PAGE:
Sweet Like Chocolat
"Chocolat" is like the confectionary at the centre of the story, it's sweet and creamy delighting with quirky flavours that tickle your taste buds but at the same time it has a bitterness, a darker almost harsh side as it uses chocolate as a metaphor for the battle between religion and paganism, fun and virtue. Now that may sound like "Chocolat" is a heavy movie which preaches about the joys of life against strict religious virtue, but that's far from the truth as "Chocolat" is a delightful tale, a whimsical movie with a delicious visual palette, beautiful writing, lovely performances and a warmth which resonates long after the movie has finished.
In a small picturesque and religious French town, Vianne Rocher (Juliette Binoche - Dan in Real Life) and her young daughter arrive and instantly cause a stir when they take over the empty patisserie and turn it into a chocolate shop just as Lent starts. This and Vianne's personality don't go down very well with the narrow minded mayor Comte de Reynaud (Alfred Molina - Boogie Nights) and does what ever he can to close her shop down. But between Vianne's warm personality and her delightful Chocolates she manages to win over some of the town's folk. When a bunch of river drifters show up it causes even more stress for the town's mayor although for Vianne it brings pleasure as she meets their charming leader Roux (Johnny Depp - Sleepy Hollow).
The storyline to "Chocolat" which hides behind layers of creamy sweetness is basically a battle between enjoying life and having fun against religious virtue and depriving oneself. It's surprisingly easy going with very few moments of darkness and those which do creep in such as an abusive husband, and the po faced nature of some of the town's population is treated with a gentle touch. In fact maybe a little to gently as it ends up softening these few dramatic moments, causing "Chocolat" to flow on a warm current of charm never rising to a tide of emotion and tension.
And to highlight this softness is a beautiful almost chocolate box palette which infuses many a scene with a warm resonating glow. It makes "Chocolat" on one hand lovely to watch but on the other it also highlights the almost one level ness of it all. The darkness of the few dramatic scenes never gets the harsh palette that it needs and ends up feeling smothered by the warm glow which director Lasse Hallström is intent on displaying.
But whilst the storyline and palette make "Chocolat" all a little one sided the quirkiness of various characters and situations as well as the subtle comedy raises the movie to make it an undeniable pleasure. Watching Vianne's chocolate bring out the inner yearnings of those who taste it is wonderful, not necessarily original but beautifully incorporated to make you smile. And the same can be said of Vianne's free flowing relationship with Roux, it makes you smile and occasionally laugh at the almost quirkiness of their characters. Although it's also fair to say that whilst pleasurable there are moments of comedy which are so heavy handed it feels like you are being force fed.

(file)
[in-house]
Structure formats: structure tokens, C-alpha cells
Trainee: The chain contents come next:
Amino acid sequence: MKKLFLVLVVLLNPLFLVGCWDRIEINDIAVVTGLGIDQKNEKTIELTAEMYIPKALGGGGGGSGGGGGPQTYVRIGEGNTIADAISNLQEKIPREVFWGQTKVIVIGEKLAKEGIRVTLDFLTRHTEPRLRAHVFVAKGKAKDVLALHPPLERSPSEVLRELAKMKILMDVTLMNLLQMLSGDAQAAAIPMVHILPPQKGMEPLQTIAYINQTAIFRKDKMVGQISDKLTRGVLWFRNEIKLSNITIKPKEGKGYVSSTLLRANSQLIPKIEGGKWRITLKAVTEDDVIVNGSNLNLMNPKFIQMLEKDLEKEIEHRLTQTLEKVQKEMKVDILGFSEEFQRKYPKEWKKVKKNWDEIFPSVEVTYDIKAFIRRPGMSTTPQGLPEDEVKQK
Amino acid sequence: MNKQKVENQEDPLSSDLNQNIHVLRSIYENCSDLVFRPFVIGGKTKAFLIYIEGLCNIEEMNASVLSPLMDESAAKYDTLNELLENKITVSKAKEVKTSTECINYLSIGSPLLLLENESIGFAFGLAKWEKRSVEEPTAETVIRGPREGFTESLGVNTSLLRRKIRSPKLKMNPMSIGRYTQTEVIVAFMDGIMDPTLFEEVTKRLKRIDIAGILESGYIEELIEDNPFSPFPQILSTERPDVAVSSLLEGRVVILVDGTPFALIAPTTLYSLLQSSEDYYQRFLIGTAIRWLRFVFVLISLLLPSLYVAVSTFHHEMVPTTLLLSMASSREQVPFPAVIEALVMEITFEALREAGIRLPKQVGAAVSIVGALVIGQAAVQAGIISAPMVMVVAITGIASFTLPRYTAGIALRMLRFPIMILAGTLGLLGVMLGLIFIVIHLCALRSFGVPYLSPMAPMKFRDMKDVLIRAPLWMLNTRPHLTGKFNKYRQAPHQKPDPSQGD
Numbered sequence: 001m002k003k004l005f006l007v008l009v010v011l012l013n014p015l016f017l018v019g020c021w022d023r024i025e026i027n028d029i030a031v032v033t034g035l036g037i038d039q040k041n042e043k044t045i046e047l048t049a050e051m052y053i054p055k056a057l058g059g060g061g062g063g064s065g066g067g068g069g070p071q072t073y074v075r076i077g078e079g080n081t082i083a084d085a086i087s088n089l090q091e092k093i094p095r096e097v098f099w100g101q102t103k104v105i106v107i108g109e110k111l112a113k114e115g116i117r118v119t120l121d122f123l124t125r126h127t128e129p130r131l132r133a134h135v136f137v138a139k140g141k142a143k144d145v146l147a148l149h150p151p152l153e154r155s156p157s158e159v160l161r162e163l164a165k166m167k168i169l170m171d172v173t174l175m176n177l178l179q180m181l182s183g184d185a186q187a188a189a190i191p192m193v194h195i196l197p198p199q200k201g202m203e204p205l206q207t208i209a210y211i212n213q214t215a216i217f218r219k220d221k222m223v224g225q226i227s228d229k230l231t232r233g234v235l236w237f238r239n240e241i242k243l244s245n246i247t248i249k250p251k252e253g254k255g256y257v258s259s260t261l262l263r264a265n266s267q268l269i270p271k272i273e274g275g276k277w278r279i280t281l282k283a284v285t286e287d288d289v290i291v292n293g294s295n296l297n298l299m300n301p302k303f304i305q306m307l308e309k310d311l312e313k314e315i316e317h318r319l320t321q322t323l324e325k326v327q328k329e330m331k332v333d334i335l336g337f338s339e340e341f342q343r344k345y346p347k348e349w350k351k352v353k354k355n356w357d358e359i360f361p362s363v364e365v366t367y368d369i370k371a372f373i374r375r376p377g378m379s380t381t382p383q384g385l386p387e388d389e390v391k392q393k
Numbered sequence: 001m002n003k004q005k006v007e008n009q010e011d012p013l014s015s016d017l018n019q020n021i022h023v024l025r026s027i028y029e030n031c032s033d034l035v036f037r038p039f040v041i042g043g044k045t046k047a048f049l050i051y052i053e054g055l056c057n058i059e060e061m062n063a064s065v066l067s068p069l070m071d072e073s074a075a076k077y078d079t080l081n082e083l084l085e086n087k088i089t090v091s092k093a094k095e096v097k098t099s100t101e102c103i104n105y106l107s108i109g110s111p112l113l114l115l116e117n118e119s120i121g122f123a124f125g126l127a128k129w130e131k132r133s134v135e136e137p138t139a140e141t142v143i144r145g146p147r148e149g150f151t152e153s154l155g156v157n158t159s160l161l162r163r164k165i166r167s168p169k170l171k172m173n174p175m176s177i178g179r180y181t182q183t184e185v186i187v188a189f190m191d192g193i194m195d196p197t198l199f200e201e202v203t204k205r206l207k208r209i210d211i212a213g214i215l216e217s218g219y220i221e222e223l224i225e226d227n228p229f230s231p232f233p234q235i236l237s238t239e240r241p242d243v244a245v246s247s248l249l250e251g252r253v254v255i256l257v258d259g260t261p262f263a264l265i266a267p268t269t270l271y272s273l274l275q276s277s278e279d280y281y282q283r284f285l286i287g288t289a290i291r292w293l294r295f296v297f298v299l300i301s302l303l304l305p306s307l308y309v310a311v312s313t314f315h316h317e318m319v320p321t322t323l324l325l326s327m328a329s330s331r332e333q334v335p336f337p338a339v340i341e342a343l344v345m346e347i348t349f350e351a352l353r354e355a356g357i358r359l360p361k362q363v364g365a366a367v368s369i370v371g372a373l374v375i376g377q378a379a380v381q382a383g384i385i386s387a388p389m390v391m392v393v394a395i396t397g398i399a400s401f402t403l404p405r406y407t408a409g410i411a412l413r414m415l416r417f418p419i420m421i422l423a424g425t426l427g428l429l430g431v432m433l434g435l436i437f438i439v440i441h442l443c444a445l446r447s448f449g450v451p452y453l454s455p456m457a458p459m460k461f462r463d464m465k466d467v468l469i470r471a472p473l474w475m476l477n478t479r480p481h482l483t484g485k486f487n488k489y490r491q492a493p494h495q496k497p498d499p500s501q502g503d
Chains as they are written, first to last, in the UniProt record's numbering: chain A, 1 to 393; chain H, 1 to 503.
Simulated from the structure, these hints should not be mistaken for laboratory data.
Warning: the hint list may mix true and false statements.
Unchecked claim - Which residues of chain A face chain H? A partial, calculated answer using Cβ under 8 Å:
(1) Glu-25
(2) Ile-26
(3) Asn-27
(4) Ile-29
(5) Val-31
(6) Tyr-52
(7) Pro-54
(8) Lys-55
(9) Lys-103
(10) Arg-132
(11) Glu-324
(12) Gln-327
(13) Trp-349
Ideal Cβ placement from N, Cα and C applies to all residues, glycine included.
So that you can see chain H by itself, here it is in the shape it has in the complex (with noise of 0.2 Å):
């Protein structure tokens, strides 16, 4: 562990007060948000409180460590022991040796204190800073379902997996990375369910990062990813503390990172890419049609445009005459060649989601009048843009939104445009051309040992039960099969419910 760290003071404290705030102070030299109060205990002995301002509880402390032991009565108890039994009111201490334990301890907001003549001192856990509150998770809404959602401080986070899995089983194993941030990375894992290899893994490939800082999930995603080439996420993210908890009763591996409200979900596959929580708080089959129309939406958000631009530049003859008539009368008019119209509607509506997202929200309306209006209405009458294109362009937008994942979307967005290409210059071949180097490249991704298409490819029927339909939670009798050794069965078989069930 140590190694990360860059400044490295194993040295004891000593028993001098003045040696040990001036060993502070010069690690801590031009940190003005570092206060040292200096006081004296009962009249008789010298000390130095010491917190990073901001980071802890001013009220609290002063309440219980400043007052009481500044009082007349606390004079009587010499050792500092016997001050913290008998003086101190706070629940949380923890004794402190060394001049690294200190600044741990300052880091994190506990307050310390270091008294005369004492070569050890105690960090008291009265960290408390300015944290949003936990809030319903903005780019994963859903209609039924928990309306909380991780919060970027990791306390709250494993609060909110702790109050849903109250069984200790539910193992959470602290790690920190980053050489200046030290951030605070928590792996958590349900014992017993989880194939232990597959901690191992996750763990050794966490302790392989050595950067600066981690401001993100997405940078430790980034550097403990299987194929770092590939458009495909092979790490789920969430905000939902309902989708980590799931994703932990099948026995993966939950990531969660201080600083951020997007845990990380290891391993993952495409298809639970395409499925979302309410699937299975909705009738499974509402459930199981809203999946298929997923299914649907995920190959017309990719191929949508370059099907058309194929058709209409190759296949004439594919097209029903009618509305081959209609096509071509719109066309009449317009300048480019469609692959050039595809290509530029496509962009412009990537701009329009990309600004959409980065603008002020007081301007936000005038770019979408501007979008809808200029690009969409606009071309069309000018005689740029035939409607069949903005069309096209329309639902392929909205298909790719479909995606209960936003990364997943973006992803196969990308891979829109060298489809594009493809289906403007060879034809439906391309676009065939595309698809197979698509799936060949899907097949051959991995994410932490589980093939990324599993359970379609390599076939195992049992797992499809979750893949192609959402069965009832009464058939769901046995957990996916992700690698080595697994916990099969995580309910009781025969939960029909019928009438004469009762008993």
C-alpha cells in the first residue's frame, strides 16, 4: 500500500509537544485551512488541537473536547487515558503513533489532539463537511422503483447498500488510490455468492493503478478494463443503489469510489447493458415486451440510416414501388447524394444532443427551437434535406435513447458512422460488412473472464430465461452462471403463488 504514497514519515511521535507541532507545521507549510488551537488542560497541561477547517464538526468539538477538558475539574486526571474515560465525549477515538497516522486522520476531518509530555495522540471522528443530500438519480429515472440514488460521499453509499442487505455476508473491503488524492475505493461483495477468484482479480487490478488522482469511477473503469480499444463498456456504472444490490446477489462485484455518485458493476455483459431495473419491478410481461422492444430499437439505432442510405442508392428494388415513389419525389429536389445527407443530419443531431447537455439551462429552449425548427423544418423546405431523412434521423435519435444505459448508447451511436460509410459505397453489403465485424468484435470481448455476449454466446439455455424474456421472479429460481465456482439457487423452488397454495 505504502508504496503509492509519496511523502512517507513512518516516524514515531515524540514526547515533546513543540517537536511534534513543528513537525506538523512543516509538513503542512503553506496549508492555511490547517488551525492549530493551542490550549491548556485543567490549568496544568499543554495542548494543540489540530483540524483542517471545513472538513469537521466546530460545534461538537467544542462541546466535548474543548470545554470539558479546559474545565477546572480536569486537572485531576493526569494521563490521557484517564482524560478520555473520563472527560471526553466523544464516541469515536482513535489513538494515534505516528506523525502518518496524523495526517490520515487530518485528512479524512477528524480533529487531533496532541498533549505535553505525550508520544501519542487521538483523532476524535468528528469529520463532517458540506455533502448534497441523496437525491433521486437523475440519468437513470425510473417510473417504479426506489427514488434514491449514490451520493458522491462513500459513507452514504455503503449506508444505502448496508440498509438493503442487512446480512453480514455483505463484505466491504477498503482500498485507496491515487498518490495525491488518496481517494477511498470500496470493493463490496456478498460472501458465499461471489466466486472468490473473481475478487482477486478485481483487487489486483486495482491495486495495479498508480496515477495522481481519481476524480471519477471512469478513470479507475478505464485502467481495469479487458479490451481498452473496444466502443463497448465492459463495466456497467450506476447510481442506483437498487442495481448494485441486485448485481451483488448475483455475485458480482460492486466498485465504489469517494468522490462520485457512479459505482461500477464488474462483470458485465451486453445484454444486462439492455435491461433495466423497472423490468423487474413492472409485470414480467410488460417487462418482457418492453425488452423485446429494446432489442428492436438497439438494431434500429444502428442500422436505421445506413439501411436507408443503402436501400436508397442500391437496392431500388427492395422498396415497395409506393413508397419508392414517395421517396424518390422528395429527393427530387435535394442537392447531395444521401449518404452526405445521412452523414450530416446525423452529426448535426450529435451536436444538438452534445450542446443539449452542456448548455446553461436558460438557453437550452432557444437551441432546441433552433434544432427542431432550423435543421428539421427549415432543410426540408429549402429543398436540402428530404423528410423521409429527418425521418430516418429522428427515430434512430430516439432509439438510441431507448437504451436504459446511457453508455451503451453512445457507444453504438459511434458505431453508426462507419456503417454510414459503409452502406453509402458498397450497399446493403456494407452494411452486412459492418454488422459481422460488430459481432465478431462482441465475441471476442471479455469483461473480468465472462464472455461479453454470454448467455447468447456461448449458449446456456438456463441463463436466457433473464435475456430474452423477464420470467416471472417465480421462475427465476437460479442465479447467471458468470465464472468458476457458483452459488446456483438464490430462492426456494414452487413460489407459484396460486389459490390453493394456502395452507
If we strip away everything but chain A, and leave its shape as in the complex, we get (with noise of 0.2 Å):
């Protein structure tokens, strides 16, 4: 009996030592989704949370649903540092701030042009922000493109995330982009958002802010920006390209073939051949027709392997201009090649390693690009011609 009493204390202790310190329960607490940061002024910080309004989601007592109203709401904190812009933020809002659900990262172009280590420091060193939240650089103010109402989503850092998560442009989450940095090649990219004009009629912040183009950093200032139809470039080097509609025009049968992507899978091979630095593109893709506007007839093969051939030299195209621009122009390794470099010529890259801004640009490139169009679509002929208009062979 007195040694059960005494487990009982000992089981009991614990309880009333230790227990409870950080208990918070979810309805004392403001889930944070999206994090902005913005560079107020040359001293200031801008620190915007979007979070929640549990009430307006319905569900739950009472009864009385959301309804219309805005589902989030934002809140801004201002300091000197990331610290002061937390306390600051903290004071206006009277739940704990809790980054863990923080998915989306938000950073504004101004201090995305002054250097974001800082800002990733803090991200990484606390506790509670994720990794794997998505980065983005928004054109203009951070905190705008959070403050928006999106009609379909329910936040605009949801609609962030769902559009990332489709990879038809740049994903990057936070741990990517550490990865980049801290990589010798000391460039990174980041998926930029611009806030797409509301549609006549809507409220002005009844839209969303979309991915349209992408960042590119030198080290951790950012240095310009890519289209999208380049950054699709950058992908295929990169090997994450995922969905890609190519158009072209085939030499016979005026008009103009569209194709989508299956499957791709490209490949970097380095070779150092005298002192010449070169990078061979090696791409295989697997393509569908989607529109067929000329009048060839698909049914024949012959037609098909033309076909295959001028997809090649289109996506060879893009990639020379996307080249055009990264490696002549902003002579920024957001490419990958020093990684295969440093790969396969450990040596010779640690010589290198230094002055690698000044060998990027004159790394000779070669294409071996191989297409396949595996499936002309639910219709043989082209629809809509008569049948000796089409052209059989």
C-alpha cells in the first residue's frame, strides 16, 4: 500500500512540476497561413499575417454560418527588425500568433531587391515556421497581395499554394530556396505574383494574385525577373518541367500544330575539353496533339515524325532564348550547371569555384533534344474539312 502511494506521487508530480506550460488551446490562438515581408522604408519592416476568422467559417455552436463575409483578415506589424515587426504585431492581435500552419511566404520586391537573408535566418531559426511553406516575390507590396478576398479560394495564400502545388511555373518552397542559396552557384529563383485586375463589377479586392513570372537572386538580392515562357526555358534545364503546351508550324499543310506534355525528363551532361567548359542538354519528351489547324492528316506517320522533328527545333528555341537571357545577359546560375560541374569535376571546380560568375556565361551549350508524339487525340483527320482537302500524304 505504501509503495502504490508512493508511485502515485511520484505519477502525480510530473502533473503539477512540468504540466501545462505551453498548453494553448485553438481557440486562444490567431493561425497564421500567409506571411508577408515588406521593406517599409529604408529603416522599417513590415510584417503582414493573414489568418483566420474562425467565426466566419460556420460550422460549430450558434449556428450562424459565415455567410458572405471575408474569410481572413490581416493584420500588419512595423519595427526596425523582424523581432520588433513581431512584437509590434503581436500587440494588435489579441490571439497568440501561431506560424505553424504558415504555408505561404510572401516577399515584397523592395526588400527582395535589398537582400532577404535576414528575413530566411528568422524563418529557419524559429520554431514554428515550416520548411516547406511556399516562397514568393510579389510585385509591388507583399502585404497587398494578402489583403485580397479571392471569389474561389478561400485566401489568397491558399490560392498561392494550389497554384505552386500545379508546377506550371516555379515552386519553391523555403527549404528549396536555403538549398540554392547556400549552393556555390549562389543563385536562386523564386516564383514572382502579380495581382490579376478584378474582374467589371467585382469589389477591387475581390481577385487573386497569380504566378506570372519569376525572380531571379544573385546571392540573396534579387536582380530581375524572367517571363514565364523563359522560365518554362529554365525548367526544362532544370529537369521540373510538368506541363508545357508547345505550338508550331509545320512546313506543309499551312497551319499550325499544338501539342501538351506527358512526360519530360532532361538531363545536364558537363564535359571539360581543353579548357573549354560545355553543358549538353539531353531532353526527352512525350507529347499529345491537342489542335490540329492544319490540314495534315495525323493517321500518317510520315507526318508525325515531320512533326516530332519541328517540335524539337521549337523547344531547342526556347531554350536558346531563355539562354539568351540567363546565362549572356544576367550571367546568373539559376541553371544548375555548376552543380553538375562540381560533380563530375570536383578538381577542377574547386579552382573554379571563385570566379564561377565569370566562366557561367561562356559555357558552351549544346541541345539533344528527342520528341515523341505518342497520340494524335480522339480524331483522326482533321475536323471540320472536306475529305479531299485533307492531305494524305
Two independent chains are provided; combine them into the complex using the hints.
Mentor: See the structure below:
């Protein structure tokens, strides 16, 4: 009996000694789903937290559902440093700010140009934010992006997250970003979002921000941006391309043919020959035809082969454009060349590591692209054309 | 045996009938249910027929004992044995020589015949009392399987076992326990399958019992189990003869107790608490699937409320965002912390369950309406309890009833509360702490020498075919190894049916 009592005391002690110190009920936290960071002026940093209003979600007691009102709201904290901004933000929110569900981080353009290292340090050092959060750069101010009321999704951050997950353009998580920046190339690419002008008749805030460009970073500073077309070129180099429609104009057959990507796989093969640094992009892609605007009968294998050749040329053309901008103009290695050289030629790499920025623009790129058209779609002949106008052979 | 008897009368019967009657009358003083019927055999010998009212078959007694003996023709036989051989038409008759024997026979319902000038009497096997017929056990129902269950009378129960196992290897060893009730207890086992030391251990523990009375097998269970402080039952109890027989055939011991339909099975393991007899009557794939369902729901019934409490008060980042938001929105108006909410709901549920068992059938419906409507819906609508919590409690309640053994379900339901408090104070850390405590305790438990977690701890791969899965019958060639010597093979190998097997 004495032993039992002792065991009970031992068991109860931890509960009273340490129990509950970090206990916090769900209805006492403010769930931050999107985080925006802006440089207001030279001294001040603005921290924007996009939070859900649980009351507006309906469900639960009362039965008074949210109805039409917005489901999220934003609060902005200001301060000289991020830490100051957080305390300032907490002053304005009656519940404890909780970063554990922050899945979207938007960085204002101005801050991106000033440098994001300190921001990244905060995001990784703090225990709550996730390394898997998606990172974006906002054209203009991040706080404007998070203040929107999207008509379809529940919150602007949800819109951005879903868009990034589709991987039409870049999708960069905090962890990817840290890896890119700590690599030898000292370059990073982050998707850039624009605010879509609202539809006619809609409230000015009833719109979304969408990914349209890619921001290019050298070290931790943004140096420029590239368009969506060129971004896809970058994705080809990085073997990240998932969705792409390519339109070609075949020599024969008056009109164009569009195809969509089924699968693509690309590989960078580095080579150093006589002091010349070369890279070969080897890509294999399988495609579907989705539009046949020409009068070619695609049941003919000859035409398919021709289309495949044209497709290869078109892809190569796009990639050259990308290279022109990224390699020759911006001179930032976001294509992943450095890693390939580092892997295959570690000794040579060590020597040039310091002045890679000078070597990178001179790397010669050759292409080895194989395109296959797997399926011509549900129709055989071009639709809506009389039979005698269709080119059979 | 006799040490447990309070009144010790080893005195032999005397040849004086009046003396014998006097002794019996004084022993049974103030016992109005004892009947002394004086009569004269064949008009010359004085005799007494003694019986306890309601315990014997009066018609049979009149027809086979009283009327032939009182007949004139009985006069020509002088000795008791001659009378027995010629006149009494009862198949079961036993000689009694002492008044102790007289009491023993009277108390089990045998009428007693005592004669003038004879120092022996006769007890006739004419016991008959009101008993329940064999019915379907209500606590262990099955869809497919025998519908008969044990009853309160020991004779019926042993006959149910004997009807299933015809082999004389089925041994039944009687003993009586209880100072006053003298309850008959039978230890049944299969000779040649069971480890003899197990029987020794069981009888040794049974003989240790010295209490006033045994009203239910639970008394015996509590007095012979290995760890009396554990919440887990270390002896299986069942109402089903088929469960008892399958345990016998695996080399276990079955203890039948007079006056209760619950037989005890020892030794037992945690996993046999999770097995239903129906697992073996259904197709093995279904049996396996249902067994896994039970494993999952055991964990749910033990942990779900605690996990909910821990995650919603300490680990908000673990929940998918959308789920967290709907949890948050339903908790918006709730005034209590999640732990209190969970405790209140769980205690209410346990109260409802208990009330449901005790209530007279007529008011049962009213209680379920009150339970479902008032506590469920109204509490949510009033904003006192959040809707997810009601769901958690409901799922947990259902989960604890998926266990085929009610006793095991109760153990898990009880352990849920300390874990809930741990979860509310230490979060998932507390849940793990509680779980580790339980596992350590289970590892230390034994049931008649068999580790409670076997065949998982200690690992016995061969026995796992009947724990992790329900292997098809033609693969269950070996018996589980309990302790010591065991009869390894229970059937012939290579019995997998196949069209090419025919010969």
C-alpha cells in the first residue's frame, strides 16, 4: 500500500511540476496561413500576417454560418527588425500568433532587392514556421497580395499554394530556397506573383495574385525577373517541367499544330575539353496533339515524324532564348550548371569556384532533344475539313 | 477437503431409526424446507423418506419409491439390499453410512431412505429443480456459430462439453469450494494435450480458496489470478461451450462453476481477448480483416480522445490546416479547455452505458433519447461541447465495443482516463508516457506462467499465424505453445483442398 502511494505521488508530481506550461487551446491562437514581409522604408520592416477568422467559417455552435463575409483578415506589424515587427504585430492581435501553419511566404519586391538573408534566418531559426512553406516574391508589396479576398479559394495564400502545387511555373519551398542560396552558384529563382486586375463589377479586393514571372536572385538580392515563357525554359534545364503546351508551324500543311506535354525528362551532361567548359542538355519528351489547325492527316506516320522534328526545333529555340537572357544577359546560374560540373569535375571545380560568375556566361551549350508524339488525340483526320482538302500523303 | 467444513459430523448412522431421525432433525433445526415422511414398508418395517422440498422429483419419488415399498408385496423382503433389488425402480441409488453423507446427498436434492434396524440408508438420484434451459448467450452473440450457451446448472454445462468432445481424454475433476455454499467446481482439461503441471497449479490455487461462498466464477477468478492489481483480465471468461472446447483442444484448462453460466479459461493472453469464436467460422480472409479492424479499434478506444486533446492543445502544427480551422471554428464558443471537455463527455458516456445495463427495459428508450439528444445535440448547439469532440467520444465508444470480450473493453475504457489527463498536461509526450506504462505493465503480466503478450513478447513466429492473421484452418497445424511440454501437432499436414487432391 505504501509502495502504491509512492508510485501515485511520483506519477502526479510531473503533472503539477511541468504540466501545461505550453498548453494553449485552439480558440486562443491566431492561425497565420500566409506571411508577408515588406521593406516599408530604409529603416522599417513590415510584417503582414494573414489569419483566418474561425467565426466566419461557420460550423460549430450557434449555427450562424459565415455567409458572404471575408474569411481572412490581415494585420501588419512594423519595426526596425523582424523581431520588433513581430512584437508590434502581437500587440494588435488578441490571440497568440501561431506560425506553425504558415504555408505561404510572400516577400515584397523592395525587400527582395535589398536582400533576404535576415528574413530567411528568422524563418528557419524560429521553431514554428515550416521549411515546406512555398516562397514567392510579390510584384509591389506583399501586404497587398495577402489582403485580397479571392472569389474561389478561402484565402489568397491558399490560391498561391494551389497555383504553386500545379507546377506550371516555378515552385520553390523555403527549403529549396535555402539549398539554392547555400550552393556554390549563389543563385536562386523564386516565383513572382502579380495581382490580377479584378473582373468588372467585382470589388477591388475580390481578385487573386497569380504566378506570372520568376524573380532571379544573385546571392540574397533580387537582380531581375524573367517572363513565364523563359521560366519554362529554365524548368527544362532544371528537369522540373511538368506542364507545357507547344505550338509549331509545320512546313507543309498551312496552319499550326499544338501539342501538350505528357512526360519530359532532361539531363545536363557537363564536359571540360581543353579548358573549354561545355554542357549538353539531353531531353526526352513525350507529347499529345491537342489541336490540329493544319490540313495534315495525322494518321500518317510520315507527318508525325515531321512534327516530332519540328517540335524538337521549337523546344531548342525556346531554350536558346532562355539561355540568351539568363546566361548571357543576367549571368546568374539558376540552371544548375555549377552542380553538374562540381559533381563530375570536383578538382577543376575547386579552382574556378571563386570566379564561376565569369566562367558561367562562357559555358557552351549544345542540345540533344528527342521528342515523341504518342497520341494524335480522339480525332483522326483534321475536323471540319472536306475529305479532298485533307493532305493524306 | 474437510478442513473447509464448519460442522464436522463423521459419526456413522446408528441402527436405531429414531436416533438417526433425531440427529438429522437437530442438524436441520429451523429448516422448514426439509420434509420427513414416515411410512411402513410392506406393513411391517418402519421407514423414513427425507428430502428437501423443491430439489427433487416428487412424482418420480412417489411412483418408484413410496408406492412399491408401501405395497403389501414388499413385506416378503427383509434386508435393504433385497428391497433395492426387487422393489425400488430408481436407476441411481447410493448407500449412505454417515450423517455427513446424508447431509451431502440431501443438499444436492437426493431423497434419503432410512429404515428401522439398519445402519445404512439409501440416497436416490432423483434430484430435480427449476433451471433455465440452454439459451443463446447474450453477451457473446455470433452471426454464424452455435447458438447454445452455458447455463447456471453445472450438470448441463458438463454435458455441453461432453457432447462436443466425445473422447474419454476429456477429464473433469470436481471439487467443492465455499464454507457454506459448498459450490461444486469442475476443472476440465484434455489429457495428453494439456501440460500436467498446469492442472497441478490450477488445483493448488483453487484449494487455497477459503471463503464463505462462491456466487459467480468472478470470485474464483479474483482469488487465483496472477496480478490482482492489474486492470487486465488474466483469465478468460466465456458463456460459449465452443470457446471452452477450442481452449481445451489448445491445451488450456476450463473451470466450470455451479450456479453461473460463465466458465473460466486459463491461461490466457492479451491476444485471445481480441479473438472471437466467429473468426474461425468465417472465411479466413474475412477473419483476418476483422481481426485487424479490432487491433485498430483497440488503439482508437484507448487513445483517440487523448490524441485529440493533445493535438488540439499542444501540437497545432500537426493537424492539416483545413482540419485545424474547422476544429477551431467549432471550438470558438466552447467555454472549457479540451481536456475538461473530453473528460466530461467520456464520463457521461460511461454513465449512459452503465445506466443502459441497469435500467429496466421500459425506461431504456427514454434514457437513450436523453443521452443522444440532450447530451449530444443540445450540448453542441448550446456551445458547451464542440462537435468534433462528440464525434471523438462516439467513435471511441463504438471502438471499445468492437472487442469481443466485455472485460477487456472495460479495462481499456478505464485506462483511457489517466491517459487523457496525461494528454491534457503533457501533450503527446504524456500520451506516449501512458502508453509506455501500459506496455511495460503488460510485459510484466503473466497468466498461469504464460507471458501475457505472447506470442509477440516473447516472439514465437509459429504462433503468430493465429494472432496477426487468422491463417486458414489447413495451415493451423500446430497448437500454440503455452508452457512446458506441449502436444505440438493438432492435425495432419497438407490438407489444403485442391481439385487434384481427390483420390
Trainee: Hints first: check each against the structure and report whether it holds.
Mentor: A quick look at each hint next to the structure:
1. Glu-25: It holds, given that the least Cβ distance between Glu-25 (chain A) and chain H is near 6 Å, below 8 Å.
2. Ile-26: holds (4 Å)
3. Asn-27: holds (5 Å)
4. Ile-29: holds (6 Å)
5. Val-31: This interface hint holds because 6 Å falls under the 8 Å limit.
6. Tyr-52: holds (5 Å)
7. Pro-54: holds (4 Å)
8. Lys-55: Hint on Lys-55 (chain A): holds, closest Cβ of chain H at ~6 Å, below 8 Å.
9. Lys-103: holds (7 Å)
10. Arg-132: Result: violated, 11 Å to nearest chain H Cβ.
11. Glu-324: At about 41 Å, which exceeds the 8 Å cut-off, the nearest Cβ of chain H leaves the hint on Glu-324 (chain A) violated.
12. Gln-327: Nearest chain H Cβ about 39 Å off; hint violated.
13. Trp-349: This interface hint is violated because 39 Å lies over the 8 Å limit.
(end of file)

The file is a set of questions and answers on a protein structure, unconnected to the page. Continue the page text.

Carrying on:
Acting wise well Juliette Binoche seems to float through the movie as Vianne, calm and rarely antagonized by those who dislike her presence and as such is in tune with the charming tale which Lasse Hallström is trying to deliver. It is a pleasant performance, lovely in many ways but like the storyline is crying out for a bit more emotion. And that is a criticism of all the performances from the likes of Lena Olin, Judi Dench, Carrie-Anne Moss and even Johnny Depp as whilst they are all lovely and add to the movie's charm they all feel subdued rarely discovering any passion or anger in the character. The only exception is Alfred Molina as Comte de Reynaud whose comical management of the town allows for a character of different levels, one who is desperate to keep order through religious virtues.
What this all boils down to is that "Chocolat" is a lovely movie, it is charming and warm, fun and light hearted and all shot in a wonderful pallet which adds to the warmth. But in doing so it has almost one level and moments of drama seem smothered by the attempts to keep everything warm and whimsical and as such the characters also feel smothered, swimming in too much sweetness. It means that "Chocolat" is a movie which is either going to be high up your list of favourite movies or much lower down for its excessive warmth.